Despite Florida Republicans pretty much doing everything within their power to derail Obamacare, more than 440,000 Florida residents have already enrolled Affordable Care Act through the federal marketplace website.
According to a report by the AP, the state is expected to blow projections out of the water by the time enrollment closes on March 31.
Florida GOPers, meanwhile, have done everything to block navigators -- workers hired to help people enroll -- from getting into county health departments, and offering no financial help for groups looking to help the nearly 3.5 million uninsured Floridians get enrolled.
Another strong Republican state, Texas, has seen 295,000 enrolled so far. Other states, such as Arizona, and Georgia, are also lagging behind.
With all the obstructions by the Republican-led Legislature, Florida was considered an unlikely place to have so many enrolled, unlike states such as the Democratic-heavy New York, which has seen over 700,000 enrolled as of March 24. It's far more than Florida but, unlike the Sunshine State, New York was expected to see a big number.
"It's a system that works," Emily Wren, who works for one of the roughly fifty non-profits that employ navigators in New York, tells New Times. "People who couldn't get health care because of costs, are now able to do so. People are learning that it's not going to cost them a year's salary to get healthcare."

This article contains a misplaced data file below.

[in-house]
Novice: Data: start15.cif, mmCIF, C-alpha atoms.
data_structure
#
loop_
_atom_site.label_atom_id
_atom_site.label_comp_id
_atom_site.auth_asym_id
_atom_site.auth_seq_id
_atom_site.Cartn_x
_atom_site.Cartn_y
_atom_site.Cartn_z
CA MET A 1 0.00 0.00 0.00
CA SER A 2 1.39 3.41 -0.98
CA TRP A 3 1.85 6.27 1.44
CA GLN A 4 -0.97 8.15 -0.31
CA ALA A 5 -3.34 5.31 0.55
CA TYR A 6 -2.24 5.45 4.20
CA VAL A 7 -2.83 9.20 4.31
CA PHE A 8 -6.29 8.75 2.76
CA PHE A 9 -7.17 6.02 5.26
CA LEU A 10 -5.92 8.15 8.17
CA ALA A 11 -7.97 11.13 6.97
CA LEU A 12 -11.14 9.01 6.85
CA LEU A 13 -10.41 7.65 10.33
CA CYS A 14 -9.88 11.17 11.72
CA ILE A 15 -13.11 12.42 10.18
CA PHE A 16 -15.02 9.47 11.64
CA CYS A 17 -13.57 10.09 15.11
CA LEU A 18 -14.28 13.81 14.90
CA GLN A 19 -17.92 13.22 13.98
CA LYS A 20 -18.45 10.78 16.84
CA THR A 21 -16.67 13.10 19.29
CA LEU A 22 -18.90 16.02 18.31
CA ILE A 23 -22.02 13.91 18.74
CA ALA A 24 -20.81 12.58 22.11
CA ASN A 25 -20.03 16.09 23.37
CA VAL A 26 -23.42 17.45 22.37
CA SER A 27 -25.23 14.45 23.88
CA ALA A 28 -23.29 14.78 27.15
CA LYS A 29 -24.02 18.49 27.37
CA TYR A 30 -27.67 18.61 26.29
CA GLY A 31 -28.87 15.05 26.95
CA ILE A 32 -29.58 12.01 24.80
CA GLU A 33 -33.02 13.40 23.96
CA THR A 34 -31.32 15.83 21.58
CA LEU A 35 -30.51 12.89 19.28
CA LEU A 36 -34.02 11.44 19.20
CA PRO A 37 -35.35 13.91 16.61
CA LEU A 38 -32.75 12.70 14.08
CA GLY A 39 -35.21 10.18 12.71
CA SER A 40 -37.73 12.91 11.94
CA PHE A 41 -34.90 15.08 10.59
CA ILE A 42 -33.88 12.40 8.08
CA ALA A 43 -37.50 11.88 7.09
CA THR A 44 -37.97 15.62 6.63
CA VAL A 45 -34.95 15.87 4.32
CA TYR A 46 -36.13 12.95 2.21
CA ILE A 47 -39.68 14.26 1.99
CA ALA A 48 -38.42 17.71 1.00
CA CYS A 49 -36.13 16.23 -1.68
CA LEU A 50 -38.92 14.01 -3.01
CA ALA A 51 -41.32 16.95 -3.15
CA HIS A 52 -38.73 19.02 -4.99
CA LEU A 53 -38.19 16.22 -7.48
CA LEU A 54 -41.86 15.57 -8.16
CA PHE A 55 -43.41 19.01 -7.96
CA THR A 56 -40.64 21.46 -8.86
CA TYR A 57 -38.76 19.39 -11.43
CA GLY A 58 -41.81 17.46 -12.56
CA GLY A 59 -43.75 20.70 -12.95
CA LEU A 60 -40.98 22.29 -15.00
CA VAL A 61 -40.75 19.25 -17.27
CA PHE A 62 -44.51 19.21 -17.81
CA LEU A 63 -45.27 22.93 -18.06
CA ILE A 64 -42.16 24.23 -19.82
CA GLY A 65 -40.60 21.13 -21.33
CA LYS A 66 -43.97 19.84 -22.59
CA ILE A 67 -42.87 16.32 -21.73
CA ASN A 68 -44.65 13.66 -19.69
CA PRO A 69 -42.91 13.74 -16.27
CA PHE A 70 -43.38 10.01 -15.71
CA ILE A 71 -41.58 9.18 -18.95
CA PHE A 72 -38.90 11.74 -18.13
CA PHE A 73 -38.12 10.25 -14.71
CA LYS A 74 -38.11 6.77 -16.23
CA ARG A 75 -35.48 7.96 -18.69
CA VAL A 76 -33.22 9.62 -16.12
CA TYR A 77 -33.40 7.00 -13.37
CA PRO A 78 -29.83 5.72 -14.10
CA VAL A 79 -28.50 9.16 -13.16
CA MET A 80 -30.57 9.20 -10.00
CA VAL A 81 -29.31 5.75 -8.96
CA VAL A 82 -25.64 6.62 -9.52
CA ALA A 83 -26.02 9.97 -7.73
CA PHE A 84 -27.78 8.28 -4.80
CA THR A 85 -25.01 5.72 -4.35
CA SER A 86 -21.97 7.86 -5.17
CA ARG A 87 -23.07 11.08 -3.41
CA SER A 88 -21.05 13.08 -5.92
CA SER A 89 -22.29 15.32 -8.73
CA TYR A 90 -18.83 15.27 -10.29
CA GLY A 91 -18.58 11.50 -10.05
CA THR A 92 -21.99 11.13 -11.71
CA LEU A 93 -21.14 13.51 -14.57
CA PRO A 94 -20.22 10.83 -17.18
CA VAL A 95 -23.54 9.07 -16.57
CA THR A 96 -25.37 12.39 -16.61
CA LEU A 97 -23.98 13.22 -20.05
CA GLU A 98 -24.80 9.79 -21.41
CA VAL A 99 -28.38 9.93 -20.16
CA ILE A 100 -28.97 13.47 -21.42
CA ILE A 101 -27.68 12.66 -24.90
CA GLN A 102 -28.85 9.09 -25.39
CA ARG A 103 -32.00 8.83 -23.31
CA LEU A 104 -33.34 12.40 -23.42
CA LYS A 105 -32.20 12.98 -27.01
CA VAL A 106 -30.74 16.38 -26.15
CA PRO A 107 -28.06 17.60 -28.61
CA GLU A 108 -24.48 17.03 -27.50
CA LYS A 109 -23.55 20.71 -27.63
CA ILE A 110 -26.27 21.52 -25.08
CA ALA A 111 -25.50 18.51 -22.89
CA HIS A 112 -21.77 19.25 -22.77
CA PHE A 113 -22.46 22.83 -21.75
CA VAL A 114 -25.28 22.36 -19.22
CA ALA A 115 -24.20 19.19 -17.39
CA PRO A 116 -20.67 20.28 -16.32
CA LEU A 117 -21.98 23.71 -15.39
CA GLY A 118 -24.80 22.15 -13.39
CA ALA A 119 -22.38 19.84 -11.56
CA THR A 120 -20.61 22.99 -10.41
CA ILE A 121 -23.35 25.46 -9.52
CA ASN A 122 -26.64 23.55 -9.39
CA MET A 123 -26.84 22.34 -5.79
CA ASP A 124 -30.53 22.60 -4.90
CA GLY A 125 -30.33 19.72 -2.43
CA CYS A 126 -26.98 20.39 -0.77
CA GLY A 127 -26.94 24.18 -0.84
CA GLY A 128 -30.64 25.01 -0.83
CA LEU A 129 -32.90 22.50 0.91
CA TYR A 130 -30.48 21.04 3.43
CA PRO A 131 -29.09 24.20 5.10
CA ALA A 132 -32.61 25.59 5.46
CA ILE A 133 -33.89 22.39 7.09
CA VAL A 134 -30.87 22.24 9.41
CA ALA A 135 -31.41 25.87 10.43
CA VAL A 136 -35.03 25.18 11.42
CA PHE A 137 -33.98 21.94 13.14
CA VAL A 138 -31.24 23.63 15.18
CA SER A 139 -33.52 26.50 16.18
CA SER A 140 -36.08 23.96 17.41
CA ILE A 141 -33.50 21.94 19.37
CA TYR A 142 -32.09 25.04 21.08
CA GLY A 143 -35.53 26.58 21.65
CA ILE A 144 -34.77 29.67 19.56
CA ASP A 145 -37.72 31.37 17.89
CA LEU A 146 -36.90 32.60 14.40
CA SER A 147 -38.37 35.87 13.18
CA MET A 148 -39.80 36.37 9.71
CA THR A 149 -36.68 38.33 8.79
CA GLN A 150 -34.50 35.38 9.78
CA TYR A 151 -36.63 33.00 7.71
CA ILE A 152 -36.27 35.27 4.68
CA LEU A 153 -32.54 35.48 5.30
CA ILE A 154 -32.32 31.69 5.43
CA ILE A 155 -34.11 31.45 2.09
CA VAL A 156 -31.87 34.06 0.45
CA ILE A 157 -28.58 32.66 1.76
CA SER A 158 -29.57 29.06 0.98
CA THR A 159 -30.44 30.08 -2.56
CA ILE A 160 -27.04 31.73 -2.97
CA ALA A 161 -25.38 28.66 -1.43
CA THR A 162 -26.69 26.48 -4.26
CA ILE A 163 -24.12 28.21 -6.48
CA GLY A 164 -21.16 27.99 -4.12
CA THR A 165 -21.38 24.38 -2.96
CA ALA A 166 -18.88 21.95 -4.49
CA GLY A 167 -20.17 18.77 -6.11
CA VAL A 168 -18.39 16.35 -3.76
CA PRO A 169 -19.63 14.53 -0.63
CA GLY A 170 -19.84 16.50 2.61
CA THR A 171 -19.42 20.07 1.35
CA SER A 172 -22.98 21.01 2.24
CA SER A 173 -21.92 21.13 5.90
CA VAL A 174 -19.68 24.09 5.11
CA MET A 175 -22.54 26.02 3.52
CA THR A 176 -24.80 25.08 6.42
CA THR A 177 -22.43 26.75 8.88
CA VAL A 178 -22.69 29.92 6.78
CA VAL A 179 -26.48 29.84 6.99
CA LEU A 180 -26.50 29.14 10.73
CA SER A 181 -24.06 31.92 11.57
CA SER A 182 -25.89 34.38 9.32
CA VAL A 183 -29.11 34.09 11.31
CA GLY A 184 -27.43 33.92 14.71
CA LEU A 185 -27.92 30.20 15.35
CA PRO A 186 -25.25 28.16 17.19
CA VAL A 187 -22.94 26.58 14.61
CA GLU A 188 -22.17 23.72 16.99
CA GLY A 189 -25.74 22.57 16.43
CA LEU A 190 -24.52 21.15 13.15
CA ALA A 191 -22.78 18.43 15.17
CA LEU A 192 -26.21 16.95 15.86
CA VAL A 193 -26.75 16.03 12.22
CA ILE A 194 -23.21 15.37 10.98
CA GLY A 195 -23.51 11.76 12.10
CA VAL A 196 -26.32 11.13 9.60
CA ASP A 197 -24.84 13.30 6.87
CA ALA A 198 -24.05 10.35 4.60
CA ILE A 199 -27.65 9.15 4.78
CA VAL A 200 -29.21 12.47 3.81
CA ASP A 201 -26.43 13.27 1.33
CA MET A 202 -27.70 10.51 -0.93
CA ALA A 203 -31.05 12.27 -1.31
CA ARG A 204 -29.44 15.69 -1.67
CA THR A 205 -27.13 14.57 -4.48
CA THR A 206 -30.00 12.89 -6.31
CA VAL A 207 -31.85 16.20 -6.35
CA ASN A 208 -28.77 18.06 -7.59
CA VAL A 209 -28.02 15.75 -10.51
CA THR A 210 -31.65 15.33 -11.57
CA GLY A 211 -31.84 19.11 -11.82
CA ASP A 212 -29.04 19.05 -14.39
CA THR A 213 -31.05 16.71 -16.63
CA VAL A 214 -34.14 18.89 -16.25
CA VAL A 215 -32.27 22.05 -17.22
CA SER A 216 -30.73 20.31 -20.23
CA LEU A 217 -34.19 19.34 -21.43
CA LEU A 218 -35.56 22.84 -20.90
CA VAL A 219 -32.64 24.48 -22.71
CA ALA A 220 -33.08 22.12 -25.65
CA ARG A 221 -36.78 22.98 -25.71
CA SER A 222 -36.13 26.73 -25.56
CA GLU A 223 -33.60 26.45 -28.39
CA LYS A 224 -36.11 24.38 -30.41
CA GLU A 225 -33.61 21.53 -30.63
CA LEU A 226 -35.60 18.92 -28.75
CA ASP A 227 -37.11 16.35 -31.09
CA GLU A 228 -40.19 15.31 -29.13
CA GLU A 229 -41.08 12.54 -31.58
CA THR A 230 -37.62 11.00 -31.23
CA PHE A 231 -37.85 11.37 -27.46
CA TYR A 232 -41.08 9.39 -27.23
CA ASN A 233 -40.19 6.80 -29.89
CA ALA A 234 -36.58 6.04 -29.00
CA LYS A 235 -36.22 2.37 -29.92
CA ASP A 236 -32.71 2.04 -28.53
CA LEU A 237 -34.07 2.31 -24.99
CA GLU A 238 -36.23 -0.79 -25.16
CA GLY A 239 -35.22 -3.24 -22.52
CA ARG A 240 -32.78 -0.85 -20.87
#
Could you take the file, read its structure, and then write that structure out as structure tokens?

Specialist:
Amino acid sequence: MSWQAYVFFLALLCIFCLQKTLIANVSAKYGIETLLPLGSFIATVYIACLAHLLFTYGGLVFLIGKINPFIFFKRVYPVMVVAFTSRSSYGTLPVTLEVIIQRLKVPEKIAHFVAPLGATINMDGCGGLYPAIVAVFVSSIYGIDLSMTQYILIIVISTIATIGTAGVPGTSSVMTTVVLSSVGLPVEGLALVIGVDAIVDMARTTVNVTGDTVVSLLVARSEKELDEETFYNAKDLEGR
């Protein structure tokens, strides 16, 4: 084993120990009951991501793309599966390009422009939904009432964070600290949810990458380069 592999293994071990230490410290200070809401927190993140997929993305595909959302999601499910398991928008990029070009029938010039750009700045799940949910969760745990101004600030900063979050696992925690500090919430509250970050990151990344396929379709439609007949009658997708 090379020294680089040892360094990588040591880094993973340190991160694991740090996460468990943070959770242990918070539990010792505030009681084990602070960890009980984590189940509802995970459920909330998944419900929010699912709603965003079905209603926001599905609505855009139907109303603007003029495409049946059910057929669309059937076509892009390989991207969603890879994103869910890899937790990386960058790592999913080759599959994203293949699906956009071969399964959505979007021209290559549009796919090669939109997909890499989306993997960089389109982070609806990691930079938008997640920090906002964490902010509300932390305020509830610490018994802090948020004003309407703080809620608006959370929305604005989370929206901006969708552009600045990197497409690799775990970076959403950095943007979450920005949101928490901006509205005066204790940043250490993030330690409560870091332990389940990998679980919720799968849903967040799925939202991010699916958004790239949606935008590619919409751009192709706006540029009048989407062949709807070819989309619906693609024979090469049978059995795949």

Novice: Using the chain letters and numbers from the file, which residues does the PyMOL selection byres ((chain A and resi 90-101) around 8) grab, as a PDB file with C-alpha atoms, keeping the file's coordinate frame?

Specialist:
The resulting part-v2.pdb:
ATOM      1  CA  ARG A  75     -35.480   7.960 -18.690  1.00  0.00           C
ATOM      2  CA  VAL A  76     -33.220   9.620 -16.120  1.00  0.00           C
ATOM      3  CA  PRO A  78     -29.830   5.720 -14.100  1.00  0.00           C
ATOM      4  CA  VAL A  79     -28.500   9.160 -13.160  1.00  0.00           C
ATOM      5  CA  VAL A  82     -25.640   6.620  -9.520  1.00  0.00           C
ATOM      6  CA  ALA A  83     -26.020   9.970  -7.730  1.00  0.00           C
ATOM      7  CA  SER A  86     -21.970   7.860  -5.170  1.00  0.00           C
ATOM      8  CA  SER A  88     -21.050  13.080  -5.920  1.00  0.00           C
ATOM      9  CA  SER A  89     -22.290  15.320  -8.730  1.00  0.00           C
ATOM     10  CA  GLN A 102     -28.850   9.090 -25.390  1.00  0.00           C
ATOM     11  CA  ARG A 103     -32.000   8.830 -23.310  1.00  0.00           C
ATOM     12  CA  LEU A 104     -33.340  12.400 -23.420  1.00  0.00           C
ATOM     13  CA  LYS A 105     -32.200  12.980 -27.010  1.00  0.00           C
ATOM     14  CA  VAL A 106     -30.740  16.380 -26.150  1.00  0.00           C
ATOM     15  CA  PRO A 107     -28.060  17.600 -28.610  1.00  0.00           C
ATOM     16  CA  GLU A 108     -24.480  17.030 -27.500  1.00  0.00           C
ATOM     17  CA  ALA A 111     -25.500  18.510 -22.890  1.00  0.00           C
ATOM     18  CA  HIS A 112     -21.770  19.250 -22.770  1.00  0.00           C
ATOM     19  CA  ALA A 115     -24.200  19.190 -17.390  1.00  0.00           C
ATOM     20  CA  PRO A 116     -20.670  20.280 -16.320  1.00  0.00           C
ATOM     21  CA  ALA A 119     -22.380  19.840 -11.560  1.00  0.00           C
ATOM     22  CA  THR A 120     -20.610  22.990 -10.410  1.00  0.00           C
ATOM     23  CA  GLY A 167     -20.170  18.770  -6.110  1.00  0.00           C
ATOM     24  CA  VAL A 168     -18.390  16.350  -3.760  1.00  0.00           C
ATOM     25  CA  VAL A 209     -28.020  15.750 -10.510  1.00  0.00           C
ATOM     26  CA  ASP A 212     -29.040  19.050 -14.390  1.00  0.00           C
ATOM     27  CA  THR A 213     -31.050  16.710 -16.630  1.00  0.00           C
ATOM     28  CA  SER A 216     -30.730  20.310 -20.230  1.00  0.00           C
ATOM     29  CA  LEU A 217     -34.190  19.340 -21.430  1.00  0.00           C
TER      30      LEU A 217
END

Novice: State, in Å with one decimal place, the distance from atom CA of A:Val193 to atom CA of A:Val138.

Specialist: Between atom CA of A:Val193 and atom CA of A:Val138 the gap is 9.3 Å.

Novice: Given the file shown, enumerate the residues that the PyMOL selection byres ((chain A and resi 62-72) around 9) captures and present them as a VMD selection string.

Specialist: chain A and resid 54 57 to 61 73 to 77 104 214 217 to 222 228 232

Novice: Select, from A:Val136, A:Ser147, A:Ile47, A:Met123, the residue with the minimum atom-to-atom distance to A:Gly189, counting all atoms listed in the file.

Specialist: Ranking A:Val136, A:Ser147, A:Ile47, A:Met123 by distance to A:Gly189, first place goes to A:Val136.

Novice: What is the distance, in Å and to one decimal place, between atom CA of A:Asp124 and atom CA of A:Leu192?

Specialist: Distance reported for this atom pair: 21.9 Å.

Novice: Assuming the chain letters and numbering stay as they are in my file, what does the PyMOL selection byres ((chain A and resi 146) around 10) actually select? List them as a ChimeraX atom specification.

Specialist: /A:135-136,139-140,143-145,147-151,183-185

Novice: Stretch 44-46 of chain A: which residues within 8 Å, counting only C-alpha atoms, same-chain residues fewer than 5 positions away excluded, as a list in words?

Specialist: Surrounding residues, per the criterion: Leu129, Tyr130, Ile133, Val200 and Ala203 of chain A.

The high enrollment numbers in Florida will only be more fodder for both sides as election season starts to boil.
"(The Republicans) are going to use Obamacare as a hammer over the Democratic candidates in November," Democratic strategist Screven Watson told the Associated Press.
Florida is particularly tricky, because both sides of the aisle are known for bombarding the airwaves with ads, usually designed to scare the crap out of people to pick a side.
But Florida GOP leadership haven't been shy about derailing Obamacare.
Gov. Rick Scott and Florida Attorney General Pam Bondi have gone strong to the hoop in trying to derail navigators in the state, claiming that they're not properly trained to handle medical information.
Scott even tried to petition Congress to keep county health departments from allowing navigators in their buildings. Broward was one of the first counties in the state to defy Scott's navigator ban.
"Navigators are not allowed to recommend insurance companies to clients," Wren says. "All we do is sit down with them for an hour, help them sign the application, and guide them through the process."
Wren tells New Times that being a navigator is just about answering common misconceptions.
"People come into it thinking that they won't be able to see their doctor," she says. "They hear horror stories about the healthcare system in Europe, how they'll be forced to wait in endless lines and not even see their own doctor, but it's not like that."
The other misconception, Wren says, is that the Affordable Care Act is not, well.... affordable.
According to at least one report, Florida could bring coverage to 1.3 million low-income adults, and nearly $50 billion in federal funding over the next decade. Scott seems to know the reported benefits, which is why he came out in support for Medicaid expansion last year.
So, as it ever was, even with the roughly 6 billion people having signed up for it nationwide, Florida will be at the center of the politics of Obamacare's enrollment success.
No doubt Democrats nationwide will point to our state as election season gets rolling.
Send your story tips to the author, Chris Joseph.
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